Foreign correspondent accounts have long been used by financial institutions to facilitate cross-border transactions. However, as a result of its susceptibility to money laundering and terrorist financing, this practice is encountering heightened concern among U.S. banking regulators. In this rigorous environment, it is increasingly important for financial institutions to take positive actions designed both to safeguard their operations against illicit transactions and, in the event their correspondent business comes under regulatory scrutiny, to establish a defensible position.
What is a foreign correspondent account?
A “correspondent account” is statutorily defined as “an account established to receive deposits from, make payments on behalf of a foreign financial institution, or handle other financial transactions related to such institution.”1 Laying the foundation for its Anti-Money Laundering (AML) guidance on foreign correspondent accounts, the Federal Financial Institutions Examination Council (FFIEC) adds some detail explaining, “An ‘account’ means any formal banking or business relationship established to provide regular services, dealings, and other financial transactions. It includes a demand deposit, savings deposit, or other transaction or asset account and a credit account or other extension of credit.”2 Moving from that neutral view, the FFIEC later takes a more positive tone, stating, “Foreign financial institutions maintain accounts at U.S. banks to gain access to the U.S. financial system and to take advantage of services and products that may not be available in the foreign financial institution’s jurisdiction. These services may be performed more economically or efficiently by the U.S. bank or may be necessary for other reasons, such as the facilitation of international trade.”3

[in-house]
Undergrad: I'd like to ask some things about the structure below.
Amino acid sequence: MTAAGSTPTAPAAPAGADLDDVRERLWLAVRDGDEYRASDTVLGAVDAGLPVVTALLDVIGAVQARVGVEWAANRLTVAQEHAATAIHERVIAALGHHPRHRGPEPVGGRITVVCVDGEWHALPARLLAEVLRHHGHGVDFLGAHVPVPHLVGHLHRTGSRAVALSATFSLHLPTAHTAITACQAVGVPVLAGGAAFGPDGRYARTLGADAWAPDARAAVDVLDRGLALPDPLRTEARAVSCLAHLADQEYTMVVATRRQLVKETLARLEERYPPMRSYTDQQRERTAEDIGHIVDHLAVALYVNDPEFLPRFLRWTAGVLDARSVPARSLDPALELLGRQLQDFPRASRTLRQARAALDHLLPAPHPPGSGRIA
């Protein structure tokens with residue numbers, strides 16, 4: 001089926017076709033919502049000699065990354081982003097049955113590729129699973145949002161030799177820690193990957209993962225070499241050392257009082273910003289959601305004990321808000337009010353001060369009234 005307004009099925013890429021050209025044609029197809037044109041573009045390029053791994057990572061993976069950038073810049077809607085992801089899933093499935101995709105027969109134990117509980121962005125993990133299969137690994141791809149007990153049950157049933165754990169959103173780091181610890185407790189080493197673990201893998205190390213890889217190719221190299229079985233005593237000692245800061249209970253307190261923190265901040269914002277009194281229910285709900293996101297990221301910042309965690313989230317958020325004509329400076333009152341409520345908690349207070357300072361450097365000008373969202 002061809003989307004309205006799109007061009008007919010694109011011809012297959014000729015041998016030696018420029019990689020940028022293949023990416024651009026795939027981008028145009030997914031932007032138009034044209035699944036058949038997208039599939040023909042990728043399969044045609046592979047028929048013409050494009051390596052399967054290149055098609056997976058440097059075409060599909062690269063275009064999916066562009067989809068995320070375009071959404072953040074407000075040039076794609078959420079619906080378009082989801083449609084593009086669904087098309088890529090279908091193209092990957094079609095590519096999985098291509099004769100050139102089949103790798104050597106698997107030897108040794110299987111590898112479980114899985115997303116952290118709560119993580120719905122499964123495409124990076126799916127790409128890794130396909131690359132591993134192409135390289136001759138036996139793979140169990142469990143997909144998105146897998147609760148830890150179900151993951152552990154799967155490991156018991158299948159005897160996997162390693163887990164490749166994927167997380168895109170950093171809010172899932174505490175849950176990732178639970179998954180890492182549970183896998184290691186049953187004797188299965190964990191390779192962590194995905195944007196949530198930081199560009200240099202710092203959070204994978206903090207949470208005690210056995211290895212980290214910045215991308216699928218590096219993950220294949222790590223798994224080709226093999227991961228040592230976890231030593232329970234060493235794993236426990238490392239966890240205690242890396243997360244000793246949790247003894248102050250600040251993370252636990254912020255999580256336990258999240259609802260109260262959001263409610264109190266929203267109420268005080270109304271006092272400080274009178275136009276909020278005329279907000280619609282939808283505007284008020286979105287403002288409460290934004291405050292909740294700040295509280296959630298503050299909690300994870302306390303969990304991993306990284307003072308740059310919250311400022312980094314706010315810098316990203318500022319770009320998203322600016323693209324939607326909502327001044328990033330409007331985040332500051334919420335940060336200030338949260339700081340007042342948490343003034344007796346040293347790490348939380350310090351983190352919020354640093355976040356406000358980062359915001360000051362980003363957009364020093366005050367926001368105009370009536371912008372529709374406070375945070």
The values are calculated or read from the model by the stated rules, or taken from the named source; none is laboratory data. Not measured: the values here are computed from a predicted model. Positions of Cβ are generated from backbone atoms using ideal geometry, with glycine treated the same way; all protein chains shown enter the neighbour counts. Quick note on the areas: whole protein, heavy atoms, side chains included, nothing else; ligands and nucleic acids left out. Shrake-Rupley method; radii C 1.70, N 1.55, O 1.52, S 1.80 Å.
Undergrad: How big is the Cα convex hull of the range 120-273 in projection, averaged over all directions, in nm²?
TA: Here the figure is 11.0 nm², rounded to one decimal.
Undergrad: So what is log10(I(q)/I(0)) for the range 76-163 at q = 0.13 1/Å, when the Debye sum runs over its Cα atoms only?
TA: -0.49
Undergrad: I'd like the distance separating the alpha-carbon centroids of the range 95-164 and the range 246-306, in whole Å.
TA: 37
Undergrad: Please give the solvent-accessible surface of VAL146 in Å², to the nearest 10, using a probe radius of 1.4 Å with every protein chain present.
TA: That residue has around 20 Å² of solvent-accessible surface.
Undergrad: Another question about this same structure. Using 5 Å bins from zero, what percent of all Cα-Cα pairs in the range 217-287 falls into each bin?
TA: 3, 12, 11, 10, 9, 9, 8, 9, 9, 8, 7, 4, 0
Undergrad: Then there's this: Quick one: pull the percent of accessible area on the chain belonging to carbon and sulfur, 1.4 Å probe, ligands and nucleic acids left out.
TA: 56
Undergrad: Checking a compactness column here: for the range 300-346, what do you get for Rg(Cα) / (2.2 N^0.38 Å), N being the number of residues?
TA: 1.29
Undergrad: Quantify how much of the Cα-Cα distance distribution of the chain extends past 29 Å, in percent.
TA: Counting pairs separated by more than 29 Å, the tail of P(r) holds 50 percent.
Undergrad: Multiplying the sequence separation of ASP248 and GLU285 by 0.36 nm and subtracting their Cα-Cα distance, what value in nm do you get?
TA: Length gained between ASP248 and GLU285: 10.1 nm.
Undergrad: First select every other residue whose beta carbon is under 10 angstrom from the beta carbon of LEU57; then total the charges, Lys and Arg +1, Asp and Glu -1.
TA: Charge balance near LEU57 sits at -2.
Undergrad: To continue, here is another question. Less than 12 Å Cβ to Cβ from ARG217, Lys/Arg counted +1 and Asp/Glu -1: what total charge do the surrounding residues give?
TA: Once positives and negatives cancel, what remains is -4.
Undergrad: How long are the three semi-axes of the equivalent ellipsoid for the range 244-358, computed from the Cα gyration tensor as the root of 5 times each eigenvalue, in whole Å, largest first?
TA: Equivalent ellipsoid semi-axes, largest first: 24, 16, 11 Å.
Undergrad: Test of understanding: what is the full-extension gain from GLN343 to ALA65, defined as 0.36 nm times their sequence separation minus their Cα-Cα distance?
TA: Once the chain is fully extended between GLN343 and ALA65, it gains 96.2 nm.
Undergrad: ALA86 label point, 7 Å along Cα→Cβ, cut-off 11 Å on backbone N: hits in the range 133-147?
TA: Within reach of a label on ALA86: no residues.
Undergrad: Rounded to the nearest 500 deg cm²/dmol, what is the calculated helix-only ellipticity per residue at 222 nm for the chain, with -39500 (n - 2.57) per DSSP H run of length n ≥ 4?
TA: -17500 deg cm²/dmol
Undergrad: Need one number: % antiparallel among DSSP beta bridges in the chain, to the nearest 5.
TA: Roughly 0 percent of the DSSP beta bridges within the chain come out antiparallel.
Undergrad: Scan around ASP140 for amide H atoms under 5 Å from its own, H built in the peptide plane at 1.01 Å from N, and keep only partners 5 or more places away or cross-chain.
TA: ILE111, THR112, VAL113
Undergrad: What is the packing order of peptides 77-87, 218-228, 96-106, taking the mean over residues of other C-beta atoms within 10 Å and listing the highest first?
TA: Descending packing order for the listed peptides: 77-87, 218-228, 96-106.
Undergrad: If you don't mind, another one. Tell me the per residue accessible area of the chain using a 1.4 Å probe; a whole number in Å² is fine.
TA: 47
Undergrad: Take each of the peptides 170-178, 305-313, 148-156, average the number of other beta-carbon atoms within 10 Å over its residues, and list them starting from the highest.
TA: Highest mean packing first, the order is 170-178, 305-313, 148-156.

The Good: Benefits of foreign correspondent banking
The concept of foreign correspondent banking is an accepted practice that can be very beneficial to financial institutions and their customers. Correspondent banks essentially act as a domestic bank’s agent abroad in order to service transactions originating in foreign countries. Championing a positive view, the Bank for International Settlements observes, “Through correspondent banking relationships, banks can access financial services in different jurisdictions and provide cross-border payment services to their customers, supporting international trade and financial inclusion”.4
The Bad: Challenges of foreign correspondent banking
Notwithstanding the benefits related to foreign correspondent banking, this practice also presents significant challenges, with regulatory burden featured prominently. Extensive rules governing foreign correspondent accounts implement the provisions found in USA PATRIOT Act sections 312 (imposing due diligence and enhanced due diligence requirements on U.S. financial institutions maintaining foreign correspondent accounts), 313 (preventing foreign shell banks from having access to the U.S. financial system) and 319(b) (authorizing federal law enforcement to investigate any foreign bank maintaining a U.S. correspondent account). The decline in correspondent banking relationships has much to do with the challenge of regulatory compliance, as recently noted by the American Bankers Association, “[O]ne key factor leading to the decline in correspondent/respondent banking relationships is the heightened regulatory burden on banks related to anti-money laundering and counter terrorism compliance.”5
The Ugly: Foreign correspondent banking as a means to launder money and finance terrorism